As scientists strive to decipher the complex melding of genetic and environmental factors that cause certain kids to get juvenile idiopathic arthritis (JIA), a multitude of questions arise.
For parents who have one child with JIA, a major concern may be the likelihood of siblings getting the disease. Adults who had JIA in their youth may wonder if it will affect their kids.
In answer to the first question, various population studies have looked at the frequencies with which twins, siblings and even cousins of those with JIA get the disease themselves. The basis for comparison is the accepted statistic that one in 1,000 children under the age of 16 has JIA.
The Case With Twins
Starting with identical twins, the closest genetic matchup, “it’s generally reported that 25 percent to 40 percent of identical twins of somebody with JIA also develop the disease,” says Sampath Prahalad, MD, associate professor of Pediatrics and Human Genetics at Emory University in Atlanta. Using the conservative number of 25 percent, that means that one in four identical twins whose twin has JIA will also get it.
Will Siblings Get JIA?
A study conducted by Dr. Prahalad shows that siblings have a 12-times greater risk of getting JIA. “With the population prevalence of JIA at one in 1,000, a 12-times greater risk may sound like a lot but it’s only equal to 1.2 percent,” he says. “So there’s a 98 percent chance that the family would not have another child with arthritis.”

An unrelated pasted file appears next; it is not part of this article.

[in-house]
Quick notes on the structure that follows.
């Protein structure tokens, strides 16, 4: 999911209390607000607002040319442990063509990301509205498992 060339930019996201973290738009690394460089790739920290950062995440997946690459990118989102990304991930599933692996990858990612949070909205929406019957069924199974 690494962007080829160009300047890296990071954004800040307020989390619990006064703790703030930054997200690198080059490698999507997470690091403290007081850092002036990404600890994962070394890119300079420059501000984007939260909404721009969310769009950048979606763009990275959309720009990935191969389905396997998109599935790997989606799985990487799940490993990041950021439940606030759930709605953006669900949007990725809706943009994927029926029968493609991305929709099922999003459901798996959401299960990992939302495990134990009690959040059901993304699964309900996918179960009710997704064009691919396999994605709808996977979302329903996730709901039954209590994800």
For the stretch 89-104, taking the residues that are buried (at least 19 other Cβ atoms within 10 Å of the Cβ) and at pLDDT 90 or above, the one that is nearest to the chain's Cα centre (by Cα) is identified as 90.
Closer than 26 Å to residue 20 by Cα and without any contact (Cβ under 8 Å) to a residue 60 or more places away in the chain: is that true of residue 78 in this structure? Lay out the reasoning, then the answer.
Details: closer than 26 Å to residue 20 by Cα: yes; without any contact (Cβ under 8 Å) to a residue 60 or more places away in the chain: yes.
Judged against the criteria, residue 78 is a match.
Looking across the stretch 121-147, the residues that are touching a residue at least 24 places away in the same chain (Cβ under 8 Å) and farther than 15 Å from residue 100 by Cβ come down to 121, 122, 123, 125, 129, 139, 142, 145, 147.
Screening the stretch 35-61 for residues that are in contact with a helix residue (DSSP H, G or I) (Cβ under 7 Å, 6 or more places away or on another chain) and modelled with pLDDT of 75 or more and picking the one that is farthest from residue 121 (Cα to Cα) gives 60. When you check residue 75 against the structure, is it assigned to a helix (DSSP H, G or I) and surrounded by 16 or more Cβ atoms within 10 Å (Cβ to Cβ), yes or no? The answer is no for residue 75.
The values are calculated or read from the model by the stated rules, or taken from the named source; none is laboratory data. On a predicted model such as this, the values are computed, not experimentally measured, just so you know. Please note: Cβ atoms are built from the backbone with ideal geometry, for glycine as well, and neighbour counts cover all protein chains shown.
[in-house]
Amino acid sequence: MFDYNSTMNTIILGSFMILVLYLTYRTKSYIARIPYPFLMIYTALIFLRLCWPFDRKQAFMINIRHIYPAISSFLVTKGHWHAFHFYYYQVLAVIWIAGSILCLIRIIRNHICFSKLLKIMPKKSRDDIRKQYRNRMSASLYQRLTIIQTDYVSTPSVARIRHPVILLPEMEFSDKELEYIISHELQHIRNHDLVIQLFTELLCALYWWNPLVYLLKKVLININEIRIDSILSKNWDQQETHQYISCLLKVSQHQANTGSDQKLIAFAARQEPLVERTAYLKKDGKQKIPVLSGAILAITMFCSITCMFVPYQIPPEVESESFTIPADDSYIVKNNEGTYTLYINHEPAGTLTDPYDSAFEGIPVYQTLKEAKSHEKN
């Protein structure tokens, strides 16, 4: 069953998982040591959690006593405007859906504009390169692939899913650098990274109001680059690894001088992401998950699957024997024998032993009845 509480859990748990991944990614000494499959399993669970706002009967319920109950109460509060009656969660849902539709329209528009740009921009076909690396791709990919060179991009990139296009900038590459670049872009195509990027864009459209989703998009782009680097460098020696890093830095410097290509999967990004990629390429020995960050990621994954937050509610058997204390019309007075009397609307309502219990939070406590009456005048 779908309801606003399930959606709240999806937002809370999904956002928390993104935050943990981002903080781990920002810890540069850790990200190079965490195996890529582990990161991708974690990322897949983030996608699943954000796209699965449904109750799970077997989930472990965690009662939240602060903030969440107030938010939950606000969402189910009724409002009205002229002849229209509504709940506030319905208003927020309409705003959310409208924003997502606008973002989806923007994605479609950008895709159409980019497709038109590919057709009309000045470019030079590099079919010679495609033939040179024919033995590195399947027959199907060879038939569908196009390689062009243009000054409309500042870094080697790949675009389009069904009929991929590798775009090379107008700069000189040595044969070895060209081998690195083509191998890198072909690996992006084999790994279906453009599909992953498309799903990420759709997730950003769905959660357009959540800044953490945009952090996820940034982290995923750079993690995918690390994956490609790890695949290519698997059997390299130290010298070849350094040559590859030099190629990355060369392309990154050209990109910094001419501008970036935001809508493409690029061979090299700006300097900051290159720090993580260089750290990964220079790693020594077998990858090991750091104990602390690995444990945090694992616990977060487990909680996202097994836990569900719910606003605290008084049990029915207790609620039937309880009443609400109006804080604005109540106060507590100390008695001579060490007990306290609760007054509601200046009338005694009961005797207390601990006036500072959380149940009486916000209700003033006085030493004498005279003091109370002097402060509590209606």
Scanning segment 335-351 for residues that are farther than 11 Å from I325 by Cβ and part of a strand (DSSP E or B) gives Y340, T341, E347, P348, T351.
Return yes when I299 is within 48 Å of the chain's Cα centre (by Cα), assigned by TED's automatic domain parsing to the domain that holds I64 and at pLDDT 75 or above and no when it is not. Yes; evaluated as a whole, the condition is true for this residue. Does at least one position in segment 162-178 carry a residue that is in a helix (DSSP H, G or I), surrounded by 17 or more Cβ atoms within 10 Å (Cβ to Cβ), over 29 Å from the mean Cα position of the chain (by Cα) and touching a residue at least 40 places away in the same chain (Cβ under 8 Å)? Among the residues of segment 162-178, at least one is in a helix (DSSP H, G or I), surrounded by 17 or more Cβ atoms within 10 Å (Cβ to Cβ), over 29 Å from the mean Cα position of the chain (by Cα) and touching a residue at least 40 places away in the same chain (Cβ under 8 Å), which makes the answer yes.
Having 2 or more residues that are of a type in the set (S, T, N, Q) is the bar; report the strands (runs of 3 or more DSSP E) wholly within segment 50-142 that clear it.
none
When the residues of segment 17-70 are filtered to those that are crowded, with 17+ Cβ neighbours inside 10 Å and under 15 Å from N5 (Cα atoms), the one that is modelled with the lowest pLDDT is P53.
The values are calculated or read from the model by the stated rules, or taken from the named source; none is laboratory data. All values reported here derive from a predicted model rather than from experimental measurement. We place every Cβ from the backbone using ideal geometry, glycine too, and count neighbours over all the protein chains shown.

Between first cousins, Dr. Prahalad found the risk drops to six times greater than the general population.
One Family’s Experience
Though these numbers are reassuring, they belie the angst that many families experience. Addisen Ogden of South Jordan, Utah, is a vibrant 4-year-old who, except for infrequent flares, moves without pain or joint swelling on a well-tolerated regimen of methotrexate. But her parents, Staci and Jeremy, remember all too well when she was diagnosed at 18 months old with polyarticular JIA. When considering adding to their family they conferred with their rheumatologist about the risk of having another child with JIA.
“We talked quite bit with our doctor and we understood the risk was elevated but there was a less than 2 percent chance of having another child with JIA,” says Staci.